Brazil’s Mining Giant Vale to Charge Chinese and Japanese 11% More for Iron Ore

    Train from Brazil's Vale

    Train from Brazil's Vale The world's largest iron ore miner, the Brazilian Companhia Vale do Rio Doce, said it is negotiating price increases with its clients in Asia to put them at the same rate as European customers.

    The Rio de Janeiro-based firm said reference prices for Asian clients are 11 to 11.5% less than those charged European clients depending on the type of iron ore that is purchased. In a statement, the Brazilian company said the talks are ongoing and there is no guarantee it will succeed.

    However, if it is successful, Vale said the price hike would translate into an estimated revenue increase of less than 3% of the US$ 35.5 billion revenue Vale posted for a 12-month period that ended June 30.

    For Pedro Galdi, an analyst from the SLW brokerage house, the Chinese and Japanese will have to say yes to the new prices: "They will be forced to accept because there is no abundance of iron ore in the market. It's take it or take it."

    In related news the Brazilian Institute of Mining, Ibram, said on Wednesday, September 10, that mining investments in Brazil are expected to grow to US$ 57 billion in the next four years from the current 42 billion.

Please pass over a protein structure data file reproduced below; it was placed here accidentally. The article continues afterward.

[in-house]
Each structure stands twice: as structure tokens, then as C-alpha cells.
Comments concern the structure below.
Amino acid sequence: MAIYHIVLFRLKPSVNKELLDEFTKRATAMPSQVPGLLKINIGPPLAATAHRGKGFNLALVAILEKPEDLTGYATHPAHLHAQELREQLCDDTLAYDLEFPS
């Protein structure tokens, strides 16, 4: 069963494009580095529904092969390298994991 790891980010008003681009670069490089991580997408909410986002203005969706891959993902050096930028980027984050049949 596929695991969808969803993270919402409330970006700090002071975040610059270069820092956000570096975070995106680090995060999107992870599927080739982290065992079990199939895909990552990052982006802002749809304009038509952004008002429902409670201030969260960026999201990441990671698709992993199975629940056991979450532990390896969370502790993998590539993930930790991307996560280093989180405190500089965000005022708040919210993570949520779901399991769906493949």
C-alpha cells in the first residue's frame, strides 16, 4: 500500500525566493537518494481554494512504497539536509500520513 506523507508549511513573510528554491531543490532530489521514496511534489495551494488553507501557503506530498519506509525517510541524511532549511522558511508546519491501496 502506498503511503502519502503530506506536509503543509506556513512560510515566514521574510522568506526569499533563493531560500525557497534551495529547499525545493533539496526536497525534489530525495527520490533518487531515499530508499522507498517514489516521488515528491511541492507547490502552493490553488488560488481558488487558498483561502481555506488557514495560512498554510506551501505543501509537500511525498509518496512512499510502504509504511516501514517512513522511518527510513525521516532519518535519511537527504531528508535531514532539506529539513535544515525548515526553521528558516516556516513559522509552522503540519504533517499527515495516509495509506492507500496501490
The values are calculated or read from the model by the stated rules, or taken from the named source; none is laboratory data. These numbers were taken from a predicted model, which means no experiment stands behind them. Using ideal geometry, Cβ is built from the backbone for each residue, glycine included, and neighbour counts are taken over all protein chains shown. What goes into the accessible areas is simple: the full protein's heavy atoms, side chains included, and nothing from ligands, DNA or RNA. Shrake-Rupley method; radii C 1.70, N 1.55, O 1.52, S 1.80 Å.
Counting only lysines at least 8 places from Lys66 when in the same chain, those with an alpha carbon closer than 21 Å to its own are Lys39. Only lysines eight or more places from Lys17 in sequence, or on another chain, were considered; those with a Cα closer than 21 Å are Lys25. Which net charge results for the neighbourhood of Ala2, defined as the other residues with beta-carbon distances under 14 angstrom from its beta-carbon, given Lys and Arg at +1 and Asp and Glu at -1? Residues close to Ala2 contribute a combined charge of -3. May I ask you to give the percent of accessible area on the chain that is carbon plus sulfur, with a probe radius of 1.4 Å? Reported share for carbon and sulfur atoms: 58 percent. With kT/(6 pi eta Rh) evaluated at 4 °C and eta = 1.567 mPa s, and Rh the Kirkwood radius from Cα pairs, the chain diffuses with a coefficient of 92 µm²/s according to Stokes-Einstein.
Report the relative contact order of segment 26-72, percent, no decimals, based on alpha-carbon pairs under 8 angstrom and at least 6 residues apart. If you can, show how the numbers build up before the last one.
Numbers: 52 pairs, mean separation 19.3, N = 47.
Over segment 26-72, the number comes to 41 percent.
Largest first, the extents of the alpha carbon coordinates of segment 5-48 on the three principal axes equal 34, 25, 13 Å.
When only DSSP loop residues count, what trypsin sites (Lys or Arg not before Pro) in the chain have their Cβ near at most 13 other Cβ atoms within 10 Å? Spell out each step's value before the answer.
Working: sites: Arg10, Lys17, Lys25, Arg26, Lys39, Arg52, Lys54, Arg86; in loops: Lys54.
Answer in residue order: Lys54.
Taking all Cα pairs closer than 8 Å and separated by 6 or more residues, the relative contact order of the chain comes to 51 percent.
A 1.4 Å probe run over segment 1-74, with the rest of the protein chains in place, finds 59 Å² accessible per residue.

On the top of the list to receive investments from 2007 through 2011 is the iron ore sector, followed by nickel and aluminum, the institute said in its fifth revision in the past two years of its four-year forecast.

    Brazil's Vale, the world's largest iron ore miner is the main producer on the local market, but large and small international miners are present in Brazil. Specialists in mining say most of the investments will be directed toward expanding capacity to attend to demand on the international market.

    In 2006, total mineral output from Brazil amounted to around US$ 36 billion according to Ibram estimates.

    Brazil accounts for about 19% of the world's iron ore, 14% of the world's aluminum, 40% of the world's manganese and 95% of the world's niobium, as well as several other minerals, according to Ibram.

    Mercopress/Bzz

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